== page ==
I was drawn to these woodcuts by a fellow Philadelphia printmaker because certain ideas for and about landscapes that have been rolling around in my head. For nearly two years now I've been thinking about making landscape woodcuts, but the closest I've actually come is in the work for my Dancing in the Garden series which depicts children in movement at the Morris Arboretum. When it comes to making an image of or at least inspired by just the view of the land, I can't seem to move past foggy concept and into the area of solid imagery.
I've often felt as if one of the mental blocks has to do with living in the city, since I don't really have a desire to make cityscapes, but that is the sort of scenery I'm mostly exposed to on a daily basis. In fact, much of my longing to make landscapes may very well be connected to the further alienation from wilderness that I feel the longer I live in the city and merely visit wild places during carefully planned and "educational" excursions usually with my two young children.
I first noticed Imperiale's woodcuts a couple years ago, but recently felt compelled to look again and I felt a deeper connection particularly to these three cityscapes. They all strike me referencing the natural world. The first, Blue Fade, is even from a series that directly references a natural environment: Urban Ocean. Certainly it is blue and the layers of tightly clustered structures read somewhat like waves. However, the actual solid stillness of the city in contrast to moving waters is asserted by the multitude of congruent vertical lines, found not only in the shapes of most of the buildings, but even in the texture of the block they were printed from.
The second woodcut is View From Girard. While similar in style, this image is much more loose in movement, even musical. It is also more specific in both title and imagery. I am personally well acquainted with Girard Avenue in Philadelphia, working for the Wagner Free Institute for Science and having had many teaching gigs in that part of the city. Knowing the area, I feel this captures quite a bit of its personality. There is a bit of grittiness, many sharp edges, but there is also something energetic and a rather organic flow to the backdrop. It is a place where people really live and work.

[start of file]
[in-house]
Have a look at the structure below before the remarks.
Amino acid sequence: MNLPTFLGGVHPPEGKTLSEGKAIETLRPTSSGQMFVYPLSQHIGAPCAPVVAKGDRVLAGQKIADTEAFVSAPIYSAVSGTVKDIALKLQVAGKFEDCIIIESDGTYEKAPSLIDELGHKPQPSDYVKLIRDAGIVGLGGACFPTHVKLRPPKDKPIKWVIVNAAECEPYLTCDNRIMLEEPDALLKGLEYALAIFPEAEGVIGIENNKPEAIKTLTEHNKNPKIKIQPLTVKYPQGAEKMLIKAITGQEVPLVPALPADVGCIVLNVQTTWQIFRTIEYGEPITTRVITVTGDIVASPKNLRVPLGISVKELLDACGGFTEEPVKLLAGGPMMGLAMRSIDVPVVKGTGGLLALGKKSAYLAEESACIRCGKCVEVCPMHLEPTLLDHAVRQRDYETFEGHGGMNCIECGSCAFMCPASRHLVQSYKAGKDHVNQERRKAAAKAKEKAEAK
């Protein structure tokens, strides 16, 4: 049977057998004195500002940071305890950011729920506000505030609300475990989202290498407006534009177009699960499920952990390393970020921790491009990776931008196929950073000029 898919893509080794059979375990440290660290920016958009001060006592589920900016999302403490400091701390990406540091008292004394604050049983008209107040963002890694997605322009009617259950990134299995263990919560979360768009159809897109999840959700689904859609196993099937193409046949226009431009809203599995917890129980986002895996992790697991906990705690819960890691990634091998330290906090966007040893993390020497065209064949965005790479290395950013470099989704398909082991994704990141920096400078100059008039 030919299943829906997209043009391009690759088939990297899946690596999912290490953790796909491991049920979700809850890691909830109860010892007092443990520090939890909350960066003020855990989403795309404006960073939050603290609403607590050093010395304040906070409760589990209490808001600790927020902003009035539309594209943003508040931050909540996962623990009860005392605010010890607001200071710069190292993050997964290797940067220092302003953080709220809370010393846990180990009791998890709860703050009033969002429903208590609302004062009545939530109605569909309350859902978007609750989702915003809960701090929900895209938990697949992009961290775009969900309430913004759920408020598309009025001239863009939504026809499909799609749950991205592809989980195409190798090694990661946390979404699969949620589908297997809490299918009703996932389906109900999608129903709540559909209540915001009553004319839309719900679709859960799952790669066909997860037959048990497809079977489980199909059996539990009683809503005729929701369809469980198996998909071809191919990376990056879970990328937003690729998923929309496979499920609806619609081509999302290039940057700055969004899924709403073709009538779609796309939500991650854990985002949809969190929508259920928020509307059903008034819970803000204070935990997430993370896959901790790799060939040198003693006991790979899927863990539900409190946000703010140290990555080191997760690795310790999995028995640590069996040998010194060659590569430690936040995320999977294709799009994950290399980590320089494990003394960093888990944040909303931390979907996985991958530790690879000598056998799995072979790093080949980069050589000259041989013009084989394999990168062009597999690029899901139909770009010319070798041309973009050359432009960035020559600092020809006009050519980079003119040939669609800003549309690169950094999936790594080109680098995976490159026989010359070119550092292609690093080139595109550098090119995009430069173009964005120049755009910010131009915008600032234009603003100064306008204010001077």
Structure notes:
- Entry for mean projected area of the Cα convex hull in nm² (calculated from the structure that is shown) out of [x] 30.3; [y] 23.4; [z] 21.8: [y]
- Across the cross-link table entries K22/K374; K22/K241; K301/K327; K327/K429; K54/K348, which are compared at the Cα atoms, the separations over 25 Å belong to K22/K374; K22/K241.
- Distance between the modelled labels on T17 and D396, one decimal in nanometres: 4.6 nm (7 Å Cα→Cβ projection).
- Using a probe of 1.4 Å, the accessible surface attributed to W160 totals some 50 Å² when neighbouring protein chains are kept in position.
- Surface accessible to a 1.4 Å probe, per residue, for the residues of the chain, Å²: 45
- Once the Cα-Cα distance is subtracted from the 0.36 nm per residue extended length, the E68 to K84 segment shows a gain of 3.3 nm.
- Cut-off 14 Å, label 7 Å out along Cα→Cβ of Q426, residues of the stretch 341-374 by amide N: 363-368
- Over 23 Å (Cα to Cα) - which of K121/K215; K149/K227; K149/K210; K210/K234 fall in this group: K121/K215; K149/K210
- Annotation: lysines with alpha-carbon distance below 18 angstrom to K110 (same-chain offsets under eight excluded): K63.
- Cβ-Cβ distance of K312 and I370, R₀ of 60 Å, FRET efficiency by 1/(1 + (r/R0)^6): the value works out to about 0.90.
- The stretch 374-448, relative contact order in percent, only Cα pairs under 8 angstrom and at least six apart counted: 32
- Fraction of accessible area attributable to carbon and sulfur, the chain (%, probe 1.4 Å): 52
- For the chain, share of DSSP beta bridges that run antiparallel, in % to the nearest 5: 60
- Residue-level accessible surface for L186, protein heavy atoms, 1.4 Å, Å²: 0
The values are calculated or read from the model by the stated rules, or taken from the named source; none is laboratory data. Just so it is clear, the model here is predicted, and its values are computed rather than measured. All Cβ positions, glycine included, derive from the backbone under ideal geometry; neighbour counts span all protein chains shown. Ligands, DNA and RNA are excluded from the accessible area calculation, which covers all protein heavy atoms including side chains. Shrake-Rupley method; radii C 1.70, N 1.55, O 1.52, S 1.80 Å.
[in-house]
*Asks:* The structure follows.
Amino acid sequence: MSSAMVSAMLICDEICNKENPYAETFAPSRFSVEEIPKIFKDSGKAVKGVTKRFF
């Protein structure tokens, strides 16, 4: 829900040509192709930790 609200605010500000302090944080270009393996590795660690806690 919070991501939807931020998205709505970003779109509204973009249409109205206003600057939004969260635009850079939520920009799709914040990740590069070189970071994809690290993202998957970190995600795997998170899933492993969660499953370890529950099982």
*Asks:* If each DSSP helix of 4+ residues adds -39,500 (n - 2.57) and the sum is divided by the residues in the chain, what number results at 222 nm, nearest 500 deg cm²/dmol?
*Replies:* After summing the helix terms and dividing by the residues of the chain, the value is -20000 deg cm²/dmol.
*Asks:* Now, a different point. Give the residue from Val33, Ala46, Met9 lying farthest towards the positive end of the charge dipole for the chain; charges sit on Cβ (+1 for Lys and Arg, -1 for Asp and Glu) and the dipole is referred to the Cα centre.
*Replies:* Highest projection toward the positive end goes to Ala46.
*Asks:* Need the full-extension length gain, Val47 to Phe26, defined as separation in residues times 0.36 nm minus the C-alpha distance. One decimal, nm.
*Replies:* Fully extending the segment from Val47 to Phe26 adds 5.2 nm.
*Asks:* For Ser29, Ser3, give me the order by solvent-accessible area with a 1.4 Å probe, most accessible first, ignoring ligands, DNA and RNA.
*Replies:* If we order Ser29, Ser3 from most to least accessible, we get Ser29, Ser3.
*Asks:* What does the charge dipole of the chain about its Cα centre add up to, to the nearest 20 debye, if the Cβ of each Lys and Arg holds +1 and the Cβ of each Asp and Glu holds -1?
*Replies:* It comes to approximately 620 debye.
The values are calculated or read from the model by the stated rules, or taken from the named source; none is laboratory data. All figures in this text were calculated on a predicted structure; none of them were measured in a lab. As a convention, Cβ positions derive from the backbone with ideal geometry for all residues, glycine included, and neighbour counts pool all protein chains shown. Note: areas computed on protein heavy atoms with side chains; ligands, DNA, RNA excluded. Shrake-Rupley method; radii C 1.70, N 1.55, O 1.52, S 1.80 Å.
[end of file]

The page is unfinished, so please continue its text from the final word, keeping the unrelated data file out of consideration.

The final woodcut, Sacre Coeur, transports us far from Philadelphia to the Basilica of the Sacred Heart in Paris. This image returns to the quiet and stillness of the first, but constructed completely differently, with the more organic and specific buildings clustered together in a way which points toward the massive central structure of the church. It dwarfs the rest of the humble, grey structures. The flat strip of grey across the horizon serves two purposes. First, it provides a darker value against which the church - white and boldly outlined in black - can pop out. But secondly, it keeps mankind's structure, regardless of how impressive and heavenly-inspired, ultimately grounded to the earth by providing a ceiling beyond which the church does not rise.
I hope I can eventually get to a point where I make some landscape woodcuts. These three serve as some wonderfully contemporary inspiration.